But what about the overhead?

One of the main drawbacks to fetching all of the data independently was increased server load and database overhead. There was also an issue where if you panned around very quickly an asset would request its data when it came into view, but then cancel the request before it completed when it left the viewport. This is a problem because canceling the request on the client doesn’t actually tell the server to stop processing the request. The server keeps chugging along unaware that the client no longer needs the request only for the work to be thrown away.

Another issue was that every time an asset entered the viewport it would issue a request, even if the cached data was still very recent. This wasn’t very likely to happen in the graph itself but we added a new sidebar that rendered asset statuses and in this view, you could easily cause this redundant call issue to happen by scrolling up and down.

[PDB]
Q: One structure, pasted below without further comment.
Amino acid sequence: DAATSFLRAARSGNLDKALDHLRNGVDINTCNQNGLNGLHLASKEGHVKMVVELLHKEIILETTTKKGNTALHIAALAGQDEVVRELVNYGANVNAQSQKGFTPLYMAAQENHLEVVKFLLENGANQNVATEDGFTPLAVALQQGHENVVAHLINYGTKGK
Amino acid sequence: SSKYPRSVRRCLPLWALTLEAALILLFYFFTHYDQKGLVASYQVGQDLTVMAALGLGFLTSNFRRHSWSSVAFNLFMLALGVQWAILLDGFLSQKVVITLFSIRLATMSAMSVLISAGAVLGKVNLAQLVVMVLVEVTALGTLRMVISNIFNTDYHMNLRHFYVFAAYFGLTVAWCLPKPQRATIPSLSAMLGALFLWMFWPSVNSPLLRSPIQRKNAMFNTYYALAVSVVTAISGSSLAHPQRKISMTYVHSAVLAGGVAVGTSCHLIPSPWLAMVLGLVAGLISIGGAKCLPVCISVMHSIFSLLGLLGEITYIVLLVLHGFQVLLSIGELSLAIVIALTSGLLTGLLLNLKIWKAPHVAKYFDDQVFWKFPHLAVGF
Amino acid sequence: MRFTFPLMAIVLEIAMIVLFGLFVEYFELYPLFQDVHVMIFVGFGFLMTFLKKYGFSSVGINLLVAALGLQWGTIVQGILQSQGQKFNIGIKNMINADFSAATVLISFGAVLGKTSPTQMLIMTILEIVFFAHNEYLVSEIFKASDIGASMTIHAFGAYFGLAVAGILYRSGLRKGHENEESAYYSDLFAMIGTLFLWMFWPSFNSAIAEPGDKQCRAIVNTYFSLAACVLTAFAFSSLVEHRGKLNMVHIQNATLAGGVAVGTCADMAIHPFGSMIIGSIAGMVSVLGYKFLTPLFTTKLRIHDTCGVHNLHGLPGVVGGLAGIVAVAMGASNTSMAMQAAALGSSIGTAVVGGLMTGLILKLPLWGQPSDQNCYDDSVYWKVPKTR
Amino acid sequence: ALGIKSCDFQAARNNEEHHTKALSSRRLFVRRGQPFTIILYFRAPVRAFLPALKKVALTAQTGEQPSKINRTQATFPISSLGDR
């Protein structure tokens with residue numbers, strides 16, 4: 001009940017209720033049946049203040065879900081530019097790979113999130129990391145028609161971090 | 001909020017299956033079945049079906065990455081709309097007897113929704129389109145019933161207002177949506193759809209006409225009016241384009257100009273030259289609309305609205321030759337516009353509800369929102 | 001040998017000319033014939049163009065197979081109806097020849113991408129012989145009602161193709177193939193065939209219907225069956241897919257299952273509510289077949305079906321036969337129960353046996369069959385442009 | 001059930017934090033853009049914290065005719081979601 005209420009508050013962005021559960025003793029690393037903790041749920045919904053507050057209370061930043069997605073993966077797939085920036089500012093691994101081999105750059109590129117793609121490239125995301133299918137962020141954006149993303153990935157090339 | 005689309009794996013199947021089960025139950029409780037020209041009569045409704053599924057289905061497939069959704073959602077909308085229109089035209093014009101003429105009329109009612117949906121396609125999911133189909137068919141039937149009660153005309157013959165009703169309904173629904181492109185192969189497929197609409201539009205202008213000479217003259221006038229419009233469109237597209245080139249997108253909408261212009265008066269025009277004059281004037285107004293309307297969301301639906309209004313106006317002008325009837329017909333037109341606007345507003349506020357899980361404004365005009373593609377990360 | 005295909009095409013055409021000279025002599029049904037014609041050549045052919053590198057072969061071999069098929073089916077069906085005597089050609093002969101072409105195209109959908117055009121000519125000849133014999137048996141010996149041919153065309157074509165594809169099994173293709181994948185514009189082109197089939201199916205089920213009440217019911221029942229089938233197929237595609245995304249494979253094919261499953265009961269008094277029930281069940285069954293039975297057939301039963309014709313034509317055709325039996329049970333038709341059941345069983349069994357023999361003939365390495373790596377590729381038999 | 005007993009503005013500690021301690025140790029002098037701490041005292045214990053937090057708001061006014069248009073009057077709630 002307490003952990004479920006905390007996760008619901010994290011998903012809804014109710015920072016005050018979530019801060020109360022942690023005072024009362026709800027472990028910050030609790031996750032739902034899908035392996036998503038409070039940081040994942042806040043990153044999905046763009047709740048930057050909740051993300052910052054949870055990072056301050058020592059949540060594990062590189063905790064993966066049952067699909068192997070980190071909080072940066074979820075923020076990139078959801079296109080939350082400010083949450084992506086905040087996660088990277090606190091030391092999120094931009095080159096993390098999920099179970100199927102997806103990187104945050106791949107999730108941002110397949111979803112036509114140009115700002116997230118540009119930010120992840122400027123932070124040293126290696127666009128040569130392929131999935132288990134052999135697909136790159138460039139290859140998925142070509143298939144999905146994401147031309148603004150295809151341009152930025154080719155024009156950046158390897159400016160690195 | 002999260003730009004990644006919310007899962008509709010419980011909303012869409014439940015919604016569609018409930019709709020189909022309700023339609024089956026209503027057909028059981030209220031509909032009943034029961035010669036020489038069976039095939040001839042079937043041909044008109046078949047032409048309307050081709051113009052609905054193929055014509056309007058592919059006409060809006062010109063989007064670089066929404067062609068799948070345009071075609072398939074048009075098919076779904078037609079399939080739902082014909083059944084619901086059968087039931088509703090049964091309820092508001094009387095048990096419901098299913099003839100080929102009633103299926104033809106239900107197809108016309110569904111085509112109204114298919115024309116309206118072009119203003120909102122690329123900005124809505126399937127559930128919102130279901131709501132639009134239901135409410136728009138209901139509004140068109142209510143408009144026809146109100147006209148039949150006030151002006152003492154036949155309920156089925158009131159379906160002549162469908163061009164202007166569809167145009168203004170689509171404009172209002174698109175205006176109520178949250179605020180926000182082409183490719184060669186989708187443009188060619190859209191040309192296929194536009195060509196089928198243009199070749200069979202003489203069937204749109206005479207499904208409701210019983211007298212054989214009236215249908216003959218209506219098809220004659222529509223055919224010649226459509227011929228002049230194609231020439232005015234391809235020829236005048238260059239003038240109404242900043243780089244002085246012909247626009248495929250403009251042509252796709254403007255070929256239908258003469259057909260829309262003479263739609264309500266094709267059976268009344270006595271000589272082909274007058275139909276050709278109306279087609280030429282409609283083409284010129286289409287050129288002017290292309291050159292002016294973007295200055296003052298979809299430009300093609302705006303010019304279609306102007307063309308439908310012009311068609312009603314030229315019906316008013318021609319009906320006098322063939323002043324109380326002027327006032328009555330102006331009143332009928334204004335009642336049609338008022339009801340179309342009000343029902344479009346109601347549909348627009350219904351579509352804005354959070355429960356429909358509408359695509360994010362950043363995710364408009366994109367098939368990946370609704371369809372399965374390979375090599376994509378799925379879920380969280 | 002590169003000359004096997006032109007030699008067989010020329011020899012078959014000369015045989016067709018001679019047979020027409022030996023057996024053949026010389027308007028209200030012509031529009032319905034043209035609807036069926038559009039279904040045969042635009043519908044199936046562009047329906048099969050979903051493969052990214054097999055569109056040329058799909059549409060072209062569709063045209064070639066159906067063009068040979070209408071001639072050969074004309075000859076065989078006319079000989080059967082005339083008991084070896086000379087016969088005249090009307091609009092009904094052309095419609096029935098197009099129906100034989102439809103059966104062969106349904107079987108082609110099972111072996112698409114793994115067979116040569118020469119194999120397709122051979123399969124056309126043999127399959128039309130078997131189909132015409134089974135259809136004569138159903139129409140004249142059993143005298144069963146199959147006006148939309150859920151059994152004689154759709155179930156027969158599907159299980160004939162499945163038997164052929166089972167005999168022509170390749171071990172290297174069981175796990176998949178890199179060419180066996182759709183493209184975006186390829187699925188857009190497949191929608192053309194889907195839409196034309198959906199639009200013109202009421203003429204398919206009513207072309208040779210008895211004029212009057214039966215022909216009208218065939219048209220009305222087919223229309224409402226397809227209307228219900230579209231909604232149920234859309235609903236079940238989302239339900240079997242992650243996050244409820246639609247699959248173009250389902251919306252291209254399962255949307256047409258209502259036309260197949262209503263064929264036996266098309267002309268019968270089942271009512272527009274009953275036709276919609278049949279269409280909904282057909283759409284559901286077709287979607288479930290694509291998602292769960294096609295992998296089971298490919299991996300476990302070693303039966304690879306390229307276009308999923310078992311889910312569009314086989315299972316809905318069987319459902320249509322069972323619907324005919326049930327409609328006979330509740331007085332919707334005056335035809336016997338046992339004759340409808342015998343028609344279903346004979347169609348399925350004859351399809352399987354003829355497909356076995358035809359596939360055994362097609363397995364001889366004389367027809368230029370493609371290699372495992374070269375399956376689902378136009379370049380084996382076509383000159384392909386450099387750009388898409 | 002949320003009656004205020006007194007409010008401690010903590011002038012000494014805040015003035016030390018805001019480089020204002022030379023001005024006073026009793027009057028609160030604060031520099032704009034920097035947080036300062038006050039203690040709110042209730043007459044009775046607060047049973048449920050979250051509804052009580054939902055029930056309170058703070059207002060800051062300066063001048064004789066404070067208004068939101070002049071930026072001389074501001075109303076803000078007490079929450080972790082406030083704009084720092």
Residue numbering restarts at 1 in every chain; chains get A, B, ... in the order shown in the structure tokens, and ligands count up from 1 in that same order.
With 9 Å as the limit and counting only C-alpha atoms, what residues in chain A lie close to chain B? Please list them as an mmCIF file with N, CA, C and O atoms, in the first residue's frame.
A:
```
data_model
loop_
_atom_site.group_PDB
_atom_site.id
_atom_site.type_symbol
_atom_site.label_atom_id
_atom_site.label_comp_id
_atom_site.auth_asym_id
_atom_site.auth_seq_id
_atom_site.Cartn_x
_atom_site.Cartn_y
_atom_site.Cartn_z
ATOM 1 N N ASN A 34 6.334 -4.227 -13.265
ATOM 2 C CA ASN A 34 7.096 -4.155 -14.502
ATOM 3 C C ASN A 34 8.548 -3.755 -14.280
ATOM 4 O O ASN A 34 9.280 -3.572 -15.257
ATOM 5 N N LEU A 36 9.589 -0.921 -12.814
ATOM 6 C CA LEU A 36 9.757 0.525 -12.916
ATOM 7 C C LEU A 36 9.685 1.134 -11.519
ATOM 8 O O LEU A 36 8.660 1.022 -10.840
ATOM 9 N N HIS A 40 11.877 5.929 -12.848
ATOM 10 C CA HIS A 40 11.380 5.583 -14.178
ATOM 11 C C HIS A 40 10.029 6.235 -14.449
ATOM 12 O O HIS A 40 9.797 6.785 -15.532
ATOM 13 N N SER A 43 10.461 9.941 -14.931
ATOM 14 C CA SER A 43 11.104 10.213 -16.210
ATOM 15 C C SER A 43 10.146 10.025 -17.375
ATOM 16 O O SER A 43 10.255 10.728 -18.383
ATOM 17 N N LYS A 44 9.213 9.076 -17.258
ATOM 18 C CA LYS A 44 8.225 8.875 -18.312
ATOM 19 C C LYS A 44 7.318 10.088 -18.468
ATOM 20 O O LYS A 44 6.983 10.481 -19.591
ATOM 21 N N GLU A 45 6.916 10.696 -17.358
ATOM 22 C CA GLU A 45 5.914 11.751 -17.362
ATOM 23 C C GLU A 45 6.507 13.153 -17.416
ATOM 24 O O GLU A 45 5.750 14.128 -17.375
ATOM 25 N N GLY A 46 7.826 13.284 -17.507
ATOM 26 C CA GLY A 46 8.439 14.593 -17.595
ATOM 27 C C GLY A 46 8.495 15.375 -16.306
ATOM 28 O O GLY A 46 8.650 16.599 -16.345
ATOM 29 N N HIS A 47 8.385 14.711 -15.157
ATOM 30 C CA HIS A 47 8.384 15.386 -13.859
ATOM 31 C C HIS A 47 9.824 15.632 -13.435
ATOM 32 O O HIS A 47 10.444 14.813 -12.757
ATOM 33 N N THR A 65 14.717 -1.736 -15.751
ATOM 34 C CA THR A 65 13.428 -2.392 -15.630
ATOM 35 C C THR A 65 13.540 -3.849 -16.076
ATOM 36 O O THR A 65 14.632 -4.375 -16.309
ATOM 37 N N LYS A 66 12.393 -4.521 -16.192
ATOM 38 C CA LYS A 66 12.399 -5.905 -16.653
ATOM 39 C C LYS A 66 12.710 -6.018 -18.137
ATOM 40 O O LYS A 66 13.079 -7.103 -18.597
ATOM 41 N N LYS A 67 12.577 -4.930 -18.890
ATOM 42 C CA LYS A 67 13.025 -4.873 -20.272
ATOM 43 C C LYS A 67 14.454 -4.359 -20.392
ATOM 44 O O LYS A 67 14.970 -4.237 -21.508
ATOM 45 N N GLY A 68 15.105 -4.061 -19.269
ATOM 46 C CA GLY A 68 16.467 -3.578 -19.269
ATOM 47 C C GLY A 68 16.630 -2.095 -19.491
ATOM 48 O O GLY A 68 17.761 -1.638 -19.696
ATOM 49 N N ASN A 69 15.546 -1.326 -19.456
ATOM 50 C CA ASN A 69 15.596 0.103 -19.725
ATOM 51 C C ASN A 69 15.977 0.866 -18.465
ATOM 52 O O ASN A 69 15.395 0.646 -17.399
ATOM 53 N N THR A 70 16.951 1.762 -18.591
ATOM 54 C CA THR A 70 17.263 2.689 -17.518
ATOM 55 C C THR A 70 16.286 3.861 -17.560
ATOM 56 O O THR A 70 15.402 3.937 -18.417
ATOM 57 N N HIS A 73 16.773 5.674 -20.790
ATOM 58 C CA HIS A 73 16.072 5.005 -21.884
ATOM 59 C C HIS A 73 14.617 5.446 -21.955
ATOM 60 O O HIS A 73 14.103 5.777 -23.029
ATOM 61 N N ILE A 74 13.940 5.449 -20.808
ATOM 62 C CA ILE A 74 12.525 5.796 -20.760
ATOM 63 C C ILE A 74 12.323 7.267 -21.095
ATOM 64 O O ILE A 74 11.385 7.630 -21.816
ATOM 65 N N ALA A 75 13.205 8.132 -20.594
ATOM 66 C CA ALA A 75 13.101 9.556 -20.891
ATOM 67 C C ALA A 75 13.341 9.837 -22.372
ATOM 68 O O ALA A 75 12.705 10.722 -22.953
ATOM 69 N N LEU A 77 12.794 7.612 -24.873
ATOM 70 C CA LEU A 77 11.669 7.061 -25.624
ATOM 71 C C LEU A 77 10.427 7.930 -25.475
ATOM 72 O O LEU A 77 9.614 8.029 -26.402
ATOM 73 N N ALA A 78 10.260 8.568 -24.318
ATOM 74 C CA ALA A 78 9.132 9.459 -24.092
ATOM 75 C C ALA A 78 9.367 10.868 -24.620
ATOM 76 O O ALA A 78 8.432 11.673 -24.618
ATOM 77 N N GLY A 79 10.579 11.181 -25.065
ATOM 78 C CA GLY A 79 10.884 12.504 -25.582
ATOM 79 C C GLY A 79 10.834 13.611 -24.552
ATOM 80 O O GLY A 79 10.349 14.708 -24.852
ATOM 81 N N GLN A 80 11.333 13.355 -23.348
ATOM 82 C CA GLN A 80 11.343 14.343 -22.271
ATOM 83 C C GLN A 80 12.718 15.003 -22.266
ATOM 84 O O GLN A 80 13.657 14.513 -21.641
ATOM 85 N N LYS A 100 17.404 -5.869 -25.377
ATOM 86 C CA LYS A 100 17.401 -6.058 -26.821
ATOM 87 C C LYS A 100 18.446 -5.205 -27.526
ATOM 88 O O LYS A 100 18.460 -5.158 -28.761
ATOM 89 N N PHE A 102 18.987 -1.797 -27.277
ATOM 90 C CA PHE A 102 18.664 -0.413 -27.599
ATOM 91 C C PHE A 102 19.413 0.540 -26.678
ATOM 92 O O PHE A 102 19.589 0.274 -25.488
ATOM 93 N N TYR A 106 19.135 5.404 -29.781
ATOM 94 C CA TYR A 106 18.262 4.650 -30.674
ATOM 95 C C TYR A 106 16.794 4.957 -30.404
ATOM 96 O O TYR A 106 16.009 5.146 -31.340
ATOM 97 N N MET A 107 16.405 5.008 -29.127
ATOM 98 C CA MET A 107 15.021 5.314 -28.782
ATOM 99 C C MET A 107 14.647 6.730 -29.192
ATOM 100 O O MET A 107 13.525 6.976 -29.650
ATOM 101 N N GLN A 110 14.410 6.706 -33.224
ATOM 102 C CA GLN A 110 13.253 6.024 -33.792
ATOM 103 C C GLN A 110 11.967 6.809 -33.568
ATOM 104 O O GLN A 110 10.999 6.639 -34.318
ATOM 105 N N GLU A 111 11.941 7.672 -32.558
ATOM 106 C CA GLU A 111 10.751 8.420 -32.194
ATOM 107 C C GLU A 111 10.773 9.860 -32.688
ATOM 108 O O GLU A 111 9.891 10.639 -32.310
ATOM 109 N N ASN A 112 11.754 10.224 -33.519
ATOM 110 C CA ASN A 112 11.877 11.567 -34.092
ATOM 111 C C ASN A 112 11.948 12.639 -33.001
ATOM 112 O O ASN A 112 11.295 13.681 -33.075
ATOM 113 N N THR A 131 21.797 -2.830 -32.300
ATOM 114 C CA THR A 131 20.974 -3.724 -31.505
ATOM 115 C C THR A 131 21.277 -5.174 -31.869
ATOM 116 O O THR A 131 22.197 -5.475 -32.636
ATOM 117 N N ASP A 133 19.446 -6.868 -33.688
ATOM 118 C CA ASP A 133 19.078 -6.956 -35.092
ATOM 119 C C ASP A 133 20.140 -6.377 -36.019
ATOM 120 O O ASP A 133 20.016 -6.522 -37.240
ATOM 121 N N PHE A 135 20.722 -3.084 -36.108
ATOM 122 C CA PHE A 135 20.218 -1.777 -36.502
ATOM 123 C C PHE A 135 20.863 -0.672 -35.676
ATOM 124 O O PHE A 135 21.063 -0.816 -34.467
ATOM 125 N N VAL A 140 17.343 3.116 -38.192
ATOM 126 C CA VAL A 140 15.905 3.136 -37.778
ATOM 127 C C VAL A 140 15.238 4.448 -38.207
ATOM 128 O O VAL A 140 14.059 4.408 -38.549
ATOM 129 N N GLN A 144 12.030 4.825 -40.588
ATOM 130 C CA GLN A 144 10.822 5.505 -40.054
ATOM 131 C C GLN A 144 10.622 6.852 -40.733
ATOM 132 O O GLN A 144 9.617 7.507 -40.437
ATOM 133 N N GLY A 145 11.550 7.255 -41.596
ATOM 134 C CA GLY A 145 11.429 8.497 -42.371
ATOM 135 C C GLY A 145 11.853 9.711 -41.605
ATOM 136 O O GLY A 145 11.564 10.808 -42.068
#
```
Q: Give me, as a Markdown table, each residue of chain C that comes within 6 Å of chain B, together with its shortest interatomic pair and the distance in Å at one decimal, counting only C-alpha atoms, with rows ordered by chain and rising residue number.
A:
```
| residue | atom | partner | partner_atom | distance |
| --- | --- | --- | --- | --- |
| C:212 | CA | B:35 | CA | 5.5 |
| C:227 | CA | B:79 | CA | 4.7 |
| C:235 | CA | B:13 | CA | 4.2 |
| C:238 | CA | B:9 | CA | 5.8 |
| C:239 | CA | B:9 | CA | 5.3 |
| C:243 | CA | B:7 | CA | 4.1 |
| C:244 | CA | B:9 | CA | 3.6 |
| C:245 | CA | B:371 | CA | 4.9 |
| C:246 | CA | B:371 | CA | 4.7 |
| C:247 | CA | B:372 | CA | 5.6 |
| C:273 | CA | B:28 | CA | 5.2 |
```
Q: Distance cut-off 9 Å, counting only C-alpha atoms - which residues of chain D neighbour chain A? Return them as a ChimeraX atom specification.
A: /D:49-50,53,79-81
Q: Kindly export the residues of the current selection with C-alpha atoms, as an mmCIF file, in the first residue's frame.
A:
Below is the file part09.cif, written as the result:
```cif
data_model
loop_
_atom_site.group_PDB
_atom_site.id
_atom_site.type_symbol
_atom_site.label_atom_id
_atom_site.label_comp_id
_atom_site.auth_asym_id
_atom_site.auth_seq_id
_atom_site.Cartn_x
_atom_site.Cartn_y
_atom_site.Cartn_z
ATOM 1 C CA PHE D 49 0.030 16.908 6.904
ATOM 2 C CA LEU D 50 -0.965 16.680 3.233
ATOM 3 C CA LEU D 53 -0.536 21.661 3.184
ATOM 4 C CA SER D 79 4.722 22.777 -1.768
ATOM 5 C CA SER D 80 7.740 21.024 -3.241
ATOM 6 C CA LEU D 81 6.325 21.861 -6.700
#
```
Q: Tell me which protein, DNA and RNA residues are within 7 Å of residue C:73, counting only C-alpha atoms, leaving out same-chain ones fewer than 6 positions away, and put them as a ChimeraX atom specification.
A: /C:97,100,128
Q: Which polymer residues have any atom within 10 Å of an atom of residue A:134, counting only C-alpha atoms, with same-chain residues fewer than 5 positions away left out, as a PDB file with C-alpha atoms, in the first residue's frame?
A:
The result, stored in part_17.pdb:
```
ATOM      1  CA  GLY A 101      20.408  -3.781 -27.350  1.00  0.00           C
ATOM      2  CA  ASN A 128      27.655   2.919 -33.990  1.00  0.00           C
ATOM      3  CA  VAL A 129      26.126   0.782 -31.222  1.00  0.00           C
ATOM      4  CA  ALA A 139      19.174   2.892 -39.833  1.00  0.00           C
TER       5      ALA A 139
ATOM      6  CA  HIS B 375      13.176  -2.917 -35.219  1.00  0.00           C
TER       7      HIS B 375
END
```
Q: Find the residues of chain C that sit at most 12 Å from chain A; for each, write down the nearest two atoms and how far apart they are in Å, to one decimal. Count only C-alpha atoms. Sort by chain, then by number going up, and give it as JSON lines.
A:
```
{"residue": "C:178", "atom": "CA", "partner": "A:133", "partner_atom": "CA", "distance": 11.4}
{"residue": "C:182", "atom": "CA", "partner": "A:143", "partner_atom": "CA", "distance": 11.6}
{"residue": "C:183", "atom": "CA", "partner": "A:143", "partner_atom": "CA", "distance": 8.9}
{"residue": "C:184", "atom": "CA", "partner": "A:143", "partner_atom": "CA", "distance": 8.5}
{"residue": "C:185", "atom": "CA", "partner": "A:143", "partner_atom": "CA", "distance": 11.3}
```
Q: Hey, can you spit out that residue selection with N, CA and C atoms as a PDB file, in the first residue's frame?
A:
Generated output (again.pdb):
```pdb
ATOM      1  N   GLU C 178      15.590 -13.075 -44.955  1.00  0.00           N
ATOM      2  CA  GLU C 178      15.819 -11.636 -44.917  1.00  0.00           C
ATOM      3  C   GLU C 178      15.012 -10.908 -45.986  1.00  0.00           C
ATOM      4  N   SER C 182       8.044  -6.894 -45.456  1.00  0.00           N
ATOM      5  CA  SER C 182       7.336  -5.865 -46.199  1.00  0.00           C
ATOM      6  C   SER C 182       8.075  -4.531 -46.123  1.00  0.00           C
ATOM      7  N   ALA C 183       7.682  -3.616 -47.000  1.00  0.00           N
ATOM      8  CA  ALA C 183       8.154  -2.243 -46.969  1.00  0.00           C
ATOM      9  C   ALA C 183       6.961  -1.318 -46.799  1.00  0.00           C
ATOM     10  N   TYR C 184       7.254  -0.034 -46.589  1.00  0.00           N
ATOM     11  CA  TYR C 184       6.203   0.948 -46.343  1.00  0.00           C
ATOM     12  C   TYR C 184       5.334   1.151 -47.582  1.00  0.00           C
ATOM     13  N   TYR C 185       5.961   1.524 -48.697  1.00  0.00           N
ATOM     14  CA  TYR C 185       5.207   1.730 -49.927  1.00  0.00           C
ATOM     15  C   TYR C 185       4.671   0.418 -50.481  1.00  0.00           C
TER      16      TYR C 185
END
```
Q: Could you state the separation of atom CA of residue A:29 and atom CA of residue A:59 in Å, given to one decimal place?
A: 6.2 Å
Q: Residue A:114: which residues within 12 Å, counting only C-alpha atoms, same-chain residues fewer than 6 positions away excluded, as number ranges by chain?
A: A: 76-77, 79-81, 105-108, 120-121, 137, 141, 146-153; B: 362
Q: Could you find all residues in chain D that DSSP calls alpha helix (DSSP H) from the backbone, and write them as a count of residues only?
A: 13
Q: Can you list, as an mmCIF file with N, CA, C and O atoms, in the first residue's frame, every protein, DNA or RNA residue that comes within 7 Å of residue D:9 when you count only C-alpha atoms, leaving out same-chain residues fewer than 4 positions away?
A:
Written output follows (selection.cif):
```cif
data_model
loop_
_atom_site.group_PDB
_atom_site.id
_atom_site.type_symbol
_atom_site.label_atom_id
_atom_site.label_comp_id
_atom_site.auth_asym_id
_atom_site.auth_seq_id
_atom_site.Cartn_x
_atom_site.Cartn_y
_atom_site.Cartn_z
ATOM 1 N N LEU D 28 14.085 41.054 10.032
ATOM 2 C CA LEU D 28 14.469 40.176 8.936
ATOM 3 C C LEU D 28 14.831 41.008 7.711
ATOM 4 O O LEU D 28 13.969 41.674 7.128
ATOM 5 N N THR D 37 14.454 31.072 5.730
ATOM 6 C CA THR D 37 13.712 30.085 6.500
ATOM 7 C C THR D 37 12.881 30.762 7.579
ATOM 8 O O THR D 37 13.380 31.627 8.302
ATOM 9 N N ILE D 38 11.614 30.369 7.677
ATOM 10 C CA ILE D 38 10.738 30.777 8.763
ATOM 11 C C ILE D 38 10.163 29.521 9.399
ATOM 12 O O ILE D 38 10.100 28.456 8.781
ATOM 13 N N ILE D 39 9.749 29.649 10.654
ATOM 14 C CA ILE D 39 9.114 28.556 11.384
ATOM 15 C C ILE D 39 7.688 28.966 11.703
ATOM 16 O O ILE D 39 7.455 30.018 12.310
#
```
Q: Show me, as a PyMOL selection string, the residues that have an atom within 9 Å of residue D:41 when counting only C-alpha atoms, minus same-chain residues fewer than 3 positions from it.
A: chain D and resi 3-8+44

Asset graph sidebar

Lastly, the sidebar and the graph nodes were uncoordinated meaning they made independent requests for the same data!

To solve the above problems we implemented a new class called AssetLiveDataProvider. This class did a few things:

  • It kept track of which assets the UI needed data for.
  • It batched the loading of asset data into chunks.
  • It kept track of when an asset’s data was last fetched and made sure not to fetch it again until 45 seconds after its last fetch.
  • It did not cancel requests if the UI stopped needing the data but rather stored the result in the cache in case the UI did end up needing it later.

Problem #3: Slow rendering of large asset graphs

The last performance problem to solve was the extremely slow rendering performance of large asset graphs. For our asset graph layouting we use a React library called Dagre which uses a variety of techniques to create graphs that minimize edge crossings and are as compact as possible given our visual constraints.

Caching the layout with indexedDB

A layout is the positioning and sizes of all of the nodes and edges of a graph. Before diving deeper into debugging the layout algorithm we came up with a simple bandaid: let's cache the layout so that subsequent loads of the same asset graph are extremely fast.